Finally the object of the invention also is the carbon black obtained according to the described process with the binary injector of the invention.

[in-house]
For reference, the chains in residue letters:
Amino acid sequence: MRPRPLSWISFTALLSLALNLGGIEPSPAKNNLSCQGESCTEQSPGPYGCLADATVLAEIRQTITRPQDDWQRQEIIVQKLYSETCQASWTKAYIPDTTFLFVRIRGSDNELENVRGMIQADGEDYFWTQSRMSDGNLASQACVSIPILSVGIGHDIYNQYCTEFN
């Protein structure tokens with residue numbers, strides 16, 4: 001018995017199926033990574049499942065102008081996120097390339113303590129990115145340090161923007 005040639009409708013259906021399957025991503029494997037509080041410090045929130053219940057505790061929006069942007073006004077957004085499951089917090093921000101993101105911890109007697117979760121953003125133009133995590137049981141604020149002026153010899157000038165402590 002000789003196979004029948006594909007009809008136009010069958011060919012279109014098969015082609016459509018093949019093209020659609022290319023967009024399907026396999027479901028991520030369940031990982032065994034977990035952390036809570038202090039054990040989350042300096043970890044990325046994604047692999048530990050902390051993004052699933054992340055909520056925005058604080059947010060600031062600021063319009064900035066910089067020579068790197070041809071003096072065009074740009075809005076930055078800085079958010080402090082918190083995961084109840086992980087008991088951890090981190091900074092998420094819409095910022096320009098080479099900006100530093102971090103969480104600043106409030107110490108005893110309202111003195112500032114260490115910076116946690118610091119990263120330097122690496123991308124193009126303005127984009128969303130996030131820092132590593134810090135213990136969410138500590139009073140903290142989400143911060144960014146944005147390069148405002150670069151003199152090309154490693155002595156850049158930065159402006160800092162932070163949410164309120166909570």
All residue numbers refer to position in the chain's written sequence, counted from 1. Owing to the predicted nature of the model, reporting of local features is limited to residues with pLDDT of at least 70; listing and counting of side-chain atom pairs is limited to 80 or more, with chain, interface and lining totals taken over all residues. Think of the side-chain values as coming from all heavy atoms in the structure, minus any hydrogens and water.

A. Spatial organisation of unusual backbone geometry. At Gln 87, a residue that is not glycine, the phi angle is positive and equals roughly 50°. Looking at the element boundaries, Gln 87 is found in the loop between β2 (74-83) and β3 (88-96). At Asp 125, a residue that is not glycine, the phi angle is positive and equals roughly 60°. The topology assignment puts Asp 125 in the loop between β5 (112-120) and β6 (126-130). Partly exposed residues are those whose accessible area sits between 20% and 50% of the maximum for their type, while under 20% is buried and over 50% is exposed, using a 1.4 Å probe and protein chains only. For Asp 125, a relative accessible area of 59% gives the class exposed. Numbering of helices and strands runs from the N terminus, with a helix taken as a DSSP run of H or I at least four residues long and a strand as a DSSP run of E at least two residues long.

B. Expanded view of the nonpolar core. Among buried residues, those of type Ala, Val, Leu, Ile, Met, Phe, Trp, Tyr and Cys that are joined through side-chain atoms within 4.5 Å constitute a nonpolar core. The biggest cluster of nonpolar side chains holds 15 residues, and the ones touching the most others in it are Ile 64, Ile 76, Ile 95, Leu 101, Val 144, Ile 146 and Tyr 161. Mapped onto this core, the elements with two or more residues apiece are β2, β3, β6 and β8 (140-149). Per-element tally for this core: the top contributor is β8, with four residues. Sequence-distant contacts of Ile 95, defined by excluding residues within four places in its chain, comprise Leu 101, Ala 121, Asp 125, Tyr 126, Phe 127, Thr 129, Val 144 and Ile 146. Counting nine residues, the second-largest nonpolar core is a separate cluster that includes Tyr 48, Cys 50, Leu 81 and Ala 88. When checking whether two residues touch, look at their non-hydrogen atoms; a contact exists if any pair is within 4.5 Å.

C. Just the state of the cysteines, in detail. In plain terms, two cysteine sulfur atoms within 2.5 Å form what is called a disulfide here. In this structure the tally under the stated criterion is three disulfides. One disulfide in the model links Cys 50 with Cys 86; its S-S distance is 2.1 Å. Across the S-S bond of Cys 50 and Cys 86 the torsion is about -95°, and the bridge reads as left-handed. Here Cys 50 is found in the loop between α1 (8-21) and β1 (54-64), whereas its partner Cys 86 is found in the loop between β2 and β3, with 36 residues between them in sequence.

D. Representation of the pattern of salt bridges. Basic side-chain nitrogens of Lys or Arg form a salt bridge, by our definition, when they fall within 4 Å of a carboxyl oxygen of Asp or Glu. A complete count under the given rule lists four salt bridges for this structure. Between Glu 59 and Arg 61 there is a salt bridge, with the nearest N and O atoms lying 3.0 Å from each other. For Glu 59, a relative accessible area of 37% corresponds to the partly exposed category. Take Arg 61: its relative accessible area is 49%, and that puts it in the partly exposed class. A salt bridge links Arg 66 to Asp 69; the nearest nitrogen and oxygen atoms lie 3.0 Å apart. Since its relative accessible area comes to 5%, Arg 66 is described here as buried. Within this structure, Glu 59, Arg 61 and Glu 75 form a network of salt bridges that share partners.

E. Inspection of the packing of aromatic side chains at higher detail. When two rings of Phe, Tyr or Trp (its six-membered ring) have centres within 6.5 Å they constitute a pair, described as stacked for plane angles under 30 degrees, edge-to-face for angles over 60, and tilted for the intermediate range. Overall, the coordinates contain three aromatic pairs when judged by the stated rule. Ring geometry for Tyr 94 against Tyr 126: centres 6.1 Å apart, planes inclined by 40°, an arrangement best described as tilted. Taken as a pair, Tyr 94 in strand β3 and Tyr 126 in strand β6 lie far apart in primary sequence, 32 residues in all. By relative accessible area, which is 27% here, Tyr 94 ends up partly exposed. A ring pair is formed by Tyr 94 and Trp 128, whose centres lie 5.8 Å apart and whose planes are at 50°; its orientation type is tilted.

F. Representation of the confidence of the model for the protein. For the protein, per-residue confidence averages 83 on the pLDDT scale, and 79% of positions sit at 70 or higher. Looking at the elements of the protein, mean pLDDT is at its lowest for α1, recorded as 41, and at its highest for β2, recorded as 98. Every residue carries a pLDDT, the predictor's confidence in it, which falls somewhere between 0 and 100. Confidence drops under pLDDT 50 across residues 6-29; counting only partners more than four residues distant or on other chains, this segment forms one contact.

The nozzle construction and its variants of the invention permit the atomization of carbon black feedstock in furnaces of any shape. Conditioned by the fact there there can be realized any size spraying angle the carbon black feedstock is distributed over a very large cross-section. Thereby there is possible a very quick intermixing with the hot gases flowing into the furnace. The intermixing is promoted by the injector action of the propellant gas spheres leaving the nozzle. In contrast to unary atomizing nozzles which likewise spread the liquid drops over a large surface, the very many fine atomizers of the binary nozzle are made prominent as an especial advantage. Through the smaller drop size there results a substantially higher vaporization speed of the atomized liquid in the binary nozzle of the invention. From this there likewise results the quick formation and mixing of the oil vapors with the hot gases in the furnace. On the other hand, through the quick vaporization the range of the liquid oil drops is sharply reduced. Therefore a burner constructed with binary nozzles of the invention can still be operated at very short distances from the furnace wall or installations without coke deposits occurring. With such nozzles therefore burner positions are possible which are not realizable with unary nozzles or normal binary nozzles. The advantages of the binary nozzles of the invention are particularly strongly valuable if the atomized carbon black feedstock spheres just fill the furnace diameter at the point of injection.